I recently got a copy of Methods of Theoretical Physics by Morse and Feshbach. It’s a dense book, literally and metaphorically. I wondered whether it might be the densest book I own, so I weighed some of my weightier books.
Morse and Feshbach has density 1.005 g/cm³, denser than water.
Gravitation by Misner, Thorne, and Wheeler is, appropriately, a massive book. It’s my weightiest paperback book, literally and perhaps metaphorically. But it’s not that dense, about 0.66 g/cm³. It would easily float.
The Mathematica Book by Wolfram (4th edition) is about the same weight as Gravitation, but denser, about 0.80 g/cm³. Still, it would float.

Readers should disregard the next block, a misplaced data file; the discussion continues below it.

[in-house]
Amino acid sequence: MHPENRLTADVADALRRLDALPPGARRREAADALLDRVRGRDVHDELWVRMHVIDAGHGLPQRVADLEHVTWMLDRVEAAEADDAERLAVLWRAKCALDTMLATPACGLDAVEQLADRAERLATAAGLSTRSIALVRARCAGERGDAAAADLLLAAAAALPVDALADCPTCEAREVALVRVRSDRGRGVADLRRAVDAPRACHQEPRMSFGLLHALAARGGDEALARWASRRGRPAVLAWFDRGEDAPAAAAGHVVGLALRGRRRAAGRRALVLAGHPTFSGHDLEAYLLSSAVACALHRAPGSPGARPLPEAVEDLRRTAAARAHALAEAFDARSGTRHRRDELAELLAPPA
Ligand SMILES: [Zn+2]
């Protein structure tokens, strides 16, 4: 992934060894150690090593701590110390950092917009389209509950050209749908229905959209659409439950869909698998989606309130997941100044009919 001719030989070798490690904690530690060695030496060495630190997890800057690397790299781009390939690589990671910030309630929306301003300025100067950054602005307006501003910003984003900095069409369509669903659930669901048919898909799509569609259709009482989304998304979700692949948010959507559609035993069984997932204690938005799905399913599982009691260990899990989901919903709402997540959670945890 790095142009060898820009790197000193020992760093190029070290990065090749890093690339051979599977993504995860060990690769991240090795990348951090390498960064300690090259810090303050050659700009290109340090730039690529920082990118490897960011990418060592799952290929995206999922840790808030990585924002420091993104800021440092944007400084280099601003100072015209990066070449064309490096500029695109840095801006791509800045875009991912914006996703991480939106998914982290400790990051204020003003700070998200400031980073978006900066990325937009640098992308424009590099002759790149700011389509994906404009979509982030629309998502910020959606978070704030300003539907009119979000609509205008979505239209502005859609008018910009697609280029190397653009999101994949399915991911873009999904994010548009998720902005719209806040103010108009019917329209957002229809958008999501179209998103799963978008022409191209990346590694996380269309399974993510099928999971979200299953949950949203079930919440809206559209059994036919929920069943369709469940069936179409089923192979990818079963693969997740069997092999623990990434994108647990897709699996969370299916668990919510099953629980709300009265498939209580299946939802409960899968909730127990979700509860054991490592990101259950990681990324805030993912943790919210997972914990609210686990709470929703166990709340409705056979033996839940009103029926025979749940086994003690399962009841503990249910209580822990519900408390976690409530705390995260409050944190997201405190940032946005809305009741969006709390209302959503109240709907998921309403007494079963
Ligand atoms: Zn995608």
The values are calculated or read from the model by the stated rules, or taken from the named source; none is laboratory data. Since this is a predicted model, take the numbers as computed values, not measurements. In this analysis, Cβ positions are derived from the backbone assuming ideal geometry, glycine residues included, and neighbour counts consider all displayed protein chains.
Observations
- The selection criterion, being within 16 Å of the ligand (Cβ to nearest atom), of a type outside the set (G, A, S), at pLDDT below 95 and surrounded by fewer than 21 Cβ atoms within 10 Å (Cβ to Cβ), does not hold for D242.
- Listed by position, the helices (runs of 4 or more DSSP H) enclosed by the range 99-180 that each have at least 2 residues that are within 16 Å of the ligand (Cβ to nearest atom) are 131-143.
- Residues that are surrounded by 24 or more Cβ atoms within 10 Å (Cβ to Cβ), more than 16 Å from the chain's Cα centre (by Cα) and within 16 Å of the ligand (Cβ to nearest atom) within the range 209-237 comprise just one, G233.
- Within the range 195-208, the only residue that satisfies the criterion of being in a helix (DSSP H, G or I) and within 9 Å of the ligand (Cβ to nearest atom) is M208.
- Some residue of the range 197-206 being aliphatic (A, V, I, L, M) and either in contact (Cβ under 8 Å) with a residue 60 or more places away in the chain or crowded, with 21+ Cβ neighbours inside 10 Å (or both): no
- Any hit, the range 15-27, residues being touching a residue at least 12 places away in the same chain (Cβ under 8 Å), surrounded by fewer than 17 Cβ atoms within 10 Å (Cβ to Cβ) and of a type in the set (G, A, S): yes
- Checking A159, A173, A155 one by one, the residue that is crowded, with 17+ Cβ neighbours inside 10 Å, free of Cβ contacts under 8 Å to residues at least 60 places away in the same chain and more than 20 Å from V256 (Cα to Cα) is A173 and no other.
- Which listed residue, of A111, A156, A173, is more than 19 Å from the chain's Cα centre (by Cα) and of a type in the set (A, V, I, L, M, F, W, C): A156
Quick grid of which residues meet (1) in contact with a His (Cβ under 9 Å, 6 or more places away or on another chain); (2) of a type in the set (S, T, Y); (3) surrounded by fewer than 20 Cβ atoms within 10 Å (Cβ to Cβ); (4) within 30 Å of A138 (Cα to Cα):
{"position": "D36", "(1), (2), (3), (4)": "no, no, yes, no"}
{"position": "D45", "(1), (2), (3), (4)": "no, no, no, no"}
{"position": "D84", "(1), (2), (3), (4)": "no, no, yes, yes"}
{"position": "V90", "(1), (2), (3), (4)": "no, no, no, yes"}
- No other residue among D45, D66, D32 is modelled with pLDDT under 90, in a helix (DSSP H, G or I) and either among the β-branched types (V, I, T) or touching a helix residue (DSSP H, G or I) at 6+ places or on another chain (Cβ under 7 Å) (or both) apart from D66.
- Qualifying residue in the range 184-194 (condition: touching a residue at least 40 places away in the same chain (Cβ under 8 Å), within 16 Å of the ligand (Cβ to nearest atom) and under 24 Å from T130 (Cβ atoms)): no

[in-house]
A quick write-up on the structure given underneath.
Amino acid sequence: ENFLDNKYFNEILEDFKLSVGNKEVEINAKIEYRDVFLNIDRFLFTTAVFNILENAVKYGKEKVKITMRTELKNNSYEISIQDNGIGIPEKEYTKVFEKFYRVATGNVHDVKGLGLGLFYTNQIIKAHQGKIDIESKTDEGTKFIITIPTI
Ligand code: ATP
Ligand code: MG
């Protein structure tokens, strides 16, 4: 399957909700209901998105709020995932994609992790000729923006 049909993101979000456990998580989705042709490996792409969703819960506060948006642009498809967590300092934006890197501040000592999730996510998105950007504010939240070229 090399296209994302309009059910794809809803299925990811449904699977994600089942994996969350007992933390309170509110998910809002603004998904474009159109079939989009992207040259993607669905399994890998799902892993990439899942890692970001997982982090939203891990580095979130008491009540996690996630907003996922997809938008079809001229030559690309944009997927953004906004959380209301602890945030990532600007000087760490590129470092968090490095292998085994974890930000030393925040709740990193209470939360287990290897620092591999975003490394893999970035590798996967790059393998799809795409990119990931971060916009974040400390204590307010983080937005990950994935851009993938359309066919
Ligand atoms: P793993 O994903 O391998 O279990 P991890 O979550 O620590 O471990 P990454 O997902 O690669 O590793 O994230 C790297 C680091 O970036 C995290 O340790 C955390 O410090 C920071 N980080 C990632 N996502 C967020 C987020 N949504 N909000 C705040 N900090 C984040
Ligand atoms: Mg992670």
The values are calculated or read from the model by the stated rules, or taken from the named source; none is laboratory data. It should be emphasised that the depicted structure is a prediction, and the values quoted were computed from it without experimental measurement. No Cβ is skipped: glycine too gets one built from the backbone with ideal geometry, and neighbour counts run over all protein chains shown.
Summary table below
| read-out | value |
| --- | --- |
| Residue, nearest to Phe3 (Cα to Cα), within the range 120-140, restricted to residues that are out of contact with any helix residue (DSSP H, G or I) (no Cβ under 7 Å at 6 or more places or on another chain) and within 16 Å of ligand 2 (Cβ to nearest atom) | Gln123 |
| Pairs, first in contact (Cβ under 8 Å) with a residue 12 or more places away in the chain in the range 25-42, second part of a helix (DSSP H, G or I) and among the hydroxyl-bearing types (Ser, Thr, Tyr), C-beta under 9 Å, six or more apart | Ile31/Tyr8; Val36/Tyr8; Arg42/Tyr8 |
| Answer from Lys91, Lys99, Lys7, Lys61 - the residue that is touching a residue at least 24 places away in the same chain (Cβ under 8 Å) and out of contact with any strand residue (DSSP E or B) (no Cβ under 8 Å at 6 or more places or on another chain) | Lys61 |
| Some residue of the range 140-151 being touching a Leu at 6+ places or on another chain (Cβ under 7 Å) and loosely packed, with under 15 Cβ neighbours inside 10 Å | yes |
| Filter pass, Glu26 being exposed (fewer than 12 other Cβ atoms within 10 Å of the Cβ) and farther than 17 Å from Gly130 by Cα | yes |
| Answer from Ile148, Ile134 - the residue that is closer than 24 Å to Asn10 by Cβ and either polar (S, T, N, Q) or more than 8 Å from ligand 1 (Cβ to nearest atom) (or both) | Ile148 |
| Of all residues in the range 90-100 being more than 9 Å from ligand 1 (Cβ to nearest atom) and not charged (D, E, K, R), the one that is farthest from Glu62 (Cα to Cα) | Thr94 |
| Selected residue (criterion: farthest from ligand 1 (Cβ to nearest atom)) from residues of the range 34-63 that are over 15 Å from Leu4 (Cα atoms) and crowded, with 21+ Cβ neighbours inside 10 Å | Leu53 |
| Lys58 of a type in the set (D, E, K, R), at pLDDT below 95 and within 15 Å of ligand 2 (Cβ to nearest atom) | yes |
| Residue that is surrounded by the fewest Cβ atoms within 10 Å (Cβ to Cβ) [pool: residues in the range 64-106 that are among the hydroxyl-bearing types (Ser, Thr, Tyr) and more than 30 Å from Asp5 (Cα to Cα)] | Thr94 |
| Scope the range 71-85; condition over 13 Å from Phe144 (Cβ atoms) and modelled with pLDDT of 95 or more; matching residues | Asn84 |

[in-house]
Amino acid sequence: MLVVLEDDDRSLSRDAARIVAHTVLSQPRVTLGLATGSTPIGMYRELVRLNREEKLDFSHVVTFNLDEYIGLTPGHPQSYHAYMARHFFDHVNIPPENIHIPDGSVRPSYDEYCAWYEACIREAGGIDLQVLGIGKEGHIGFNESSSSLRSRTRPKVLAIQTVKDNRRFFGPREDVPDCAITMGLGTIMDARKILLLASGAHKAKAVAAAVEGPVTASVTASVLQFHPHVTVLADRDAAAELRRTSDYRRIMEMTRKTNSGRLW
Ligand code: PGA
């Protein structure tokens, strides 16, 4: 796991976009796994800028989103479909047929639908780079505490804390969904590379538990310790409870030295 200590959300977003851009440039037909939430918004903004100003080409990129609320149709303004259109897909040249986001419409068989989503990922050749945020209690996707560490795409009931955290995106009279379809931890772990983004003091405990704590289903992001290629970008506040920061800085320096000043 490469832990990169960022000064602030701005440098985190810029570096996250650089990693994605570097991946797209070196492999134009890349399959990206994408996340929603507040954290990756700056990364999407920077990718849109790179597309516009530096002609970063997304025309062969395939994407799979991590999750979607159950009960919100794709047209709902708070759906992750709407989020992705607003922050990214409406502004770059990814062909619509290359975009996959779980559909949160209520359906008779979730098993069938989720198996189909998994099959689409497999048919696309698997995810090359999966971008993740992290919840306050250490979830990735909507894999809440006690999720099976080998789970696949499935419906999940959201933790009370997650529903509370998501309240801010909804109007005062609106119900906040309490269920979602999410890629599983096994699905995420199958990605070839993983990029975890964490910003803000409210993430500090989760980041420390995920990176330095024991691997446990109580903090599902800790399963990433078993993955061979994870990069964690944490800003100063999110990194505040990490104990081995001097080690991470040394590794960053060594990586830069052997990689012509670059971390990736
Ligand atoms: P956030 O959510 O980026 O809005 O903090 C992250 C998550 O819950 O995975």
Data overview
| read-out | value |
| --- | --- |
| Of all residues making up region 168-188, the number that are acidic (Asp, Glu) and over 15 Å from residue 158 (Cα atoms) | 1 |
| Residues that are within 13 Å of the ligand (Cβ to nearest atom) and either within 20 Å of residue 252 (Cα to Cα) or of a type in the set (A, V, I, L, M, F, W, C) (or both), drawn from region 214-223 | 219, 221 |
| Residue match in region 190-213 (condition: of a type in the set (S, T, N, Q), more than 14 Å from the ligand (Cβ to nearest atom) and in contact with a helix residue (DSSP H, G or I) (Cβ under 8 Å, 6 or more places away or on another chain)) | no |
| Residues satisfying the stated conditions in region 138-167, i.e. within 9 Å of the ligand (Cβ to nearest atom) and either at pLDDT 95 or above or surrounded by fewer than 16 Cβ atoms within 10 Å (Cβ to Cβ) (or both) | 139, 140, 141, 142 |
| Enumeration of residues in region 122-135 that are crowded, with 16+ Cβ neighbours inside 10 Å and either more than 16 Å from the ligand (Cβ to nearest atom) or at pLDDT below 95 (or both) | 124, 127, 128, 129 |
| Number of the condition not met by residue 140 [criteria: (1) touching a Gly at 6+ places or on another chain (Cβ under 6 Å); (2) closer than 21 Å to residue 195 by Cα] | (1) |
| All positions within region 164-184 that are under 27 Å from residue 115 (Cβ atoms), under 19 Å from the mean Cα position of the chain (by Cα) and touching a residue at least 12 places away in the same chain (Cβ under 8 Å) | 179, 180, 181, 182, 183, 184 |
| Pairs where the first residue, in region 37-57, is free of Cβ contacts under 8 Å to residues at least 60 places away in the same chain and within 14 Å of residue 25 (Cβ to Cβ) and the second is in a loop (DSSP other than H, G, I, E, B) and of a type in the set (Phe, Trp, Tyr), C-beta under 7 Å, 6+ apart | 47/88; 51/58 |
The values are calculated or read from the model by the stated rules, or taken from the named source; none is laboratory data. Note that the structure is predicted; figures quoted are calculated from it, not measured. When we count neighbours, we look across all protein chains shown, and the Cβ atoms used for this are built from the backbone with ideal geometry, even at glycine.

Physically Based Rendering by Pharr and Humphreys weighs in at 1.05 g/cm³. Like Morse and Feshbach, it would sink.
But the densest of my books is An Atlas of Functions by Oldham, Myland, and Spanier, coming in at 1.12 g/cm³.
The books that are denser than water were all printed on glossy paper. Apparently matte paper floats and glossy paper sinks.